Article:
A reference to Bohr's article should exist too, even if it is not prior to Procopiu's.Cristi Stoica (talk) 17:28, 22 July 2010 (UTC)
These things were pretty much "in the air". At the First Solvay conference in 1911, Langevin calculated a magneton from Planck's constant (an online source). And in 1913, S.B. McLaren published a theorem linking electrical charge, magnetic moment, and angular momentum. /Pieter Kuiper (talk) 18:27, 22 July 2010 (UTC)
In order to keep Bohr, it is fair to add all prior references one can find. Being "in the air" is not a reason to remove a reference. If it was "in the air" for Procopiu, it was for Bohr too. Is it fair to keep Bohr and "get rid of" Procopiu because "the idea was in the air"? And weren't almost all discoveries "in the air" at some time: calculus, non-euclidean geometry, special relativity, wave mechanics?Cristi Stoica (talk) 19:06, 22 July 2010 (UTC)
What Bohr did that had not done before (and what could not have been done before), was to calculate the Bohr magneton, the hypothetical magnetic moment of a hydrogen atom in its ground state according to the Bohr model. The prehistory of magnetons is interesting, but see the Weiss magneton, the Parson magneton, etcetera. /Pieter Kuiper (talk) 19:23, 22 July 2010 (UTC)
Yes, Bohr obtained the same value as Procopiu did (Weiss and Parson got other values), from his atom model. Bohr's model also explained Rydberg formula, but we do not get rid of Rydberg. Einstein obtained the Lorentz transformation from special relativity, but we do not get rid of Lorentz. Schrödinger's equation described better the hydrogen atom, but we do not get rid of Bohr's model, or name Bohr's contribution "prehistory of atom models". We should acknowledge properly the contribution of all these scientists. If by lack of information one censors someone's contribution, one should repair the injustice he made.Cristi Stoica (talk) 20:24, 22 July 2010 (UTC)

The prominence given to Procopiu in this article is still a matter of undue weight. The claims of priority are not supported by any evidence. In their study "The Genesis of the Bohr Atom" (1969), Heilbron and Kuhn wrote about this kind of expression for a magneton: "Bohr could either have produced this association himself or discovered it in the literature; it was in fact made by several people in the fall of 1911." (231-232). /Pieter Kuiper (talk) 15:55, 9 August 2010 (UTC)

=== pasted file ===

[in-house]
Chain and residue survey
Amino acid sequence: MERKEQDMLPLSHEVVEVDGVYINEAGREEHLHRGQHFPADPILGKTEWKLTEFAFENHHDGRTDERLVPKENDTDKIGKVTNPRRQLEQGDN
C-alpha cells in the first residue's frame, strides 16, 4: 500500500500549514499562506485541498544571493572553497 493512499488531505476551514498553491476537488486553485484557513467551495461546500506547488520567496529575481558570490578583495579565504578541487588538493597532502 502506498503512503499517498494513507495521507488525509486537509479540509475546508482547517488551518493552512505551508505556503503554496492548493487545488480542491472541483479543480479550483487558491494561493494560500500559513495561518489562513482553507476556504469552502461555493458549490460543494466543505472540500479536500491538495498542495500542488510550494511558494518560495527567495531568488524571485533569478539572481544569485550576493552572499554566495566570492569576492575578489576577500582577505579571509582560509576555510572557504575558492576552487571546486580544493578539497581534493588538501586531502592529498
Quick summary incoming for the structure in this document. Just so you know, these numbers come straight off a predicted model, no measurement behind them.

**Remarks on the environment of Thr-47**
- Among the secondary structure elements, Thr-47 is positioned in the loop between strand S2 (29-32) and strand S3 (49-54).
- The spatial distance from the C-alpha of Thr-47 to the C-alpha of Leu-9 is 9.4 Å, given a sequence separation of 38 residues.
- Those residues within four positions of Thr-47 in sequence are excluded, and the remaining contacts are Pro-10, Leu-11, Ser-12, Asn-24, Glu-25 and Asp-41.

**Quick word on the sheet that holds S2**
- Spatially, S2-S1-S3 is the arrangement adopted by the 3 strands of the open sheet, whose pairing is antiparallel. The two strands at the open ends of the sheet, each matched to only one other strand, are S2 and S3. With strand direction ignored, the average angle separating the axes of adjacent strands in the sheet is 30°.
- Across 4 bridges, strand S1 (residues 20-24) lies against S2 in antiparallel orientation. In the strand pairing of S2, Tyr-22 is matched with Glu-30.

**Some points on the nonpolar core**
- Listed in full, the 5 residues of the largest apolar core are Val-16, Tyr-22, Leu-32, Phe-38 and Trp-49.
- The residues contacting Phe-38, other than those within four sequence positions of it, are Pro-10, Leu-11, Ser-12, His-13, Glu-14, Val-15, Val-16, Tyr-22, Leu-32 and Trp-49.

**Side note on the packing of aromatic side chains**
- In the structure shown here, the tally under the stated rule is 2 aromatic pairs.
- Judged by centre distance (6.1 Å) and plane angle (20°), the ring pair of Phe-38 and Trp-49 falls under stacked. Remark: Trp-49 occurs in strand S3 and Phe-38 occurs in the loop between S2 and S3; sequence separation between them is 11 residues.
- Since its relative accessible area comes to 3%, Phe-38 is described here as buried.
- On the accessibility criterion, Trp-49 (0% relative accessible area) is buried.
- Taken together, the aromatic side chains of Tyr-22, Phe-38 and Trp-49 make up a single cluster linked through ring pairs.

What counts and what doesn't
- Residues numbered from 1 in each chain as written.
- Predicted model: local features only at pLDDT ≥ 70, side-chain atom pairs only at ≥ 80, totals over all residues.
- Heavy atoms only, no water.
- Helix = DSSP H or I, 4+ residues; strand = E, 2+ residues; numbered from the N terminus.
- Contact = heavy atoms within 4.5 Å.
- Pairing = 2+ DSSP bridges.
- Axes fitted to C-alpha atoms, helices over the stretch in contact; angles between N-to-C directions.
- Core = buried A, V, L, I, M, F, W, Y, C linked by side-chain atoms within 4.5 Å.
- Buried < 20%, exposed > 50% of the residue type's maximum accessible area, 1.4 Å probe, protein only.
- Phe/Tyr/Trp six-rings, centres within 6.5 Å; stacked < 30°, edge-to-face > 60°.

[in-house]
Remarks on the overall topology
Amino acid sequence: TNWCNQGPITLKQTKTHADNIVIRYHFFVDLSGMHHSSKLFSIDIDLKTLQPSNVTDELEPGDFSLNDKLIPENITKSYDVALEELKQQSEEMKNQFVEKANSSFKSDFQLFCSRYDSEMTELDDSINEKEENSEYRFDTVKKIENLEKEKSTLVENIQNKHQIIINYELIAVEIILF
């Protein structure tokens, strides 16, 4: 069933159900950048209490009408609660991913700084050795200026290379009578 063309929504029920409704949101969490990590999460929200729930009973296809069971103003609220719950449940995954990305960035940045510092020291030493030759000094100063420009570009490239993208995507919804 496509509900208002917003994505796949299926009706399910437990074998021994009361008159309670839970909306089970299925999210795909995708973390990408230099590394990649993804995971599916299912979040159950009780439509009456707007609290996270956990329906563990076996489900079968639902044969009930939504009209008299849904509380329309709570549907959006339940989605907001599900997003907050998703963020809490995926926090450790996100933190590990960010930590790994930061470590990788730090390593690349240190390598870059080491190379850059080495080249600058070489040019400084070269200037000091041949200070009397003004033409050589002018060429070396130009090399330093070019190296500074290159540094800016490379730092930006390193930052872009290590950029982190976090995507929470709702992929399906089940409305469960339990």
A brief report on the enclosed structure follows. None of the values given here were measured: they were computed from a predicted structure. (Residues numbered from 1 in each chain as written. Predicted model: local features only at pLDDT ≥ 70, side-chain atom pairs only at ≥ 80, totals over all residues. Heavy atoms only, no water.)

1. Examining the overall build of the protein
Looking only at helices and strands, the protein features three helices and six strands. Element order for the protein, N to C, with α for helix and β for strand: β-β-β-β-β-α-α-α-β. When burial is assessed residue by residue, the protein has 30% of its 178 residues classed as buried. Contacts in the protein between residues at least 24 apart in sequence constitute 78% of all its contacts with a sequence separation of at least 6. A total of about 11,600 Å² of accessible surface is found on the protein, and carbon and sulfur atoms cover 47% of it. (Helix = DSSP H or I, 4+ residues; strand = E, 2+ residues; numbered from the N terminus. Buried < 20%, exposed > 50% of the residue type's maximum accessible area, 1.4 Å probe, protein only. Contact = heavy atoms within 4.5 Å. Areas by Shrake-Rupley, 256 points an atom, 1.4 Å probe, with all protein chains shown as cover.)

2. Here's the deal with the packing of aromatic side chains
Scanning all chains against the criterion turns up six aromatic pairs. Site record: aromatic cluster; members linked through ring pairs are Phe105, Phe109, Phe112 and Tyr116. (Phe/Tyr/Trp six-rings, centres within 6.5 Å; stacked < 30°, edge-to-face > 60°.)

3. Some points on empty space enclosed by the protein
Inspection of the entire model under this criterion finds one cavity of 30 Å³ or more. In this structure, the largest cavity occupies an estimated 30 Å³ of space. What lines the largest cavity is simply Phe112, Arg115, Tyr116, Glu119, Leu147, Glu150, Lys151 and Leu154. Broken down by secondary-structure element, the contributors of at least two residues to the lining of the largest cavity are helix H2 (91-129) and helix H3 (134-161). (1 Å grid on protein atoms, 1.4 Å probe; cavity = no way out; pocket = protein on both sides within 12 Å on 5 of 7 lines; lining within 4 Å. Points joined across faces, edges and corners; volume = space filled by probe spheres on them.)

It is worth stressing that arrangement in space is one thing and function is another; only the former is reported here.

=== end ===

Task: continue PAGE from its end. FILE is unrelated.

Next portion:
Wholesale replacement of "Bohr magneton" by "Bohr-Procopiu magneton" is not supported by any common - or even rare - usage in English. Wikipedia does not publish original thought, so this is not the appropriate venue for renaming a fundamental constant.David C Bailey (talk) 23:19, 3 November 2010 (UTC)

Undue weight? Unsupported by any evidence? Renaming a fundamental constant?
Undue weight specifies that for mentioning it should be at least supported by a significant minority - I believe that the Romanian Academia does fit the description of a significant minority.
Unsupported by any evidence - for this we would need an original article from the period - I have requested this from the Ștefan Procopiu Museum, in the hopes that they will find such evidence.
Renaming a fundamental constant is not something new, nor is it something which should be viewed as taboo. You can't just name a fundamental constant after someone, even though someone else computed the same constant 2 years prior.
Cristi Stoica explains this pretty well above. Wikipedia is supposed to be unbiased, that means it has to include all the information that is necessary. You can't have an article about the NSA and avoid mentioning any of its controversies. That would be bias. You can't have an article about the Bose-Einstein condensate and call it the Einstein condensate or the Bose condensate - that would be bias. — Preceding unsigned comment added by (talk) 21:51, 18 April 2014 (UTC)


The Bohr magneton constant x c x Planck length = 5e-67. — Preceding unsigned comment added by Seb-Gibbs (talkcontribs) 12:23, 8 August 2016 (UTC)

Bohr's magneton definition has an extra 2\pi[edit]


I am new to editing the Wikipedia, so I will just post my comment here in case someone with more experience knows how to edit the text properly. My point is that I believe the definition for Bohr's magneton is wrong. It should read: \mu_{\rm B} = \frac{e \hbar}{2 m_{\rm e}}.

In other words, the current version contains an extra 2\pi in the denominator. I suppose the author intended \mu_{\rm B} = \frac{e h}{4\pi m_{\rm e}} but the h was mistyped as an h bar.

Josep — Preceding unsigned comment added by (talk) 17:46, 19 April 2019 (UTC)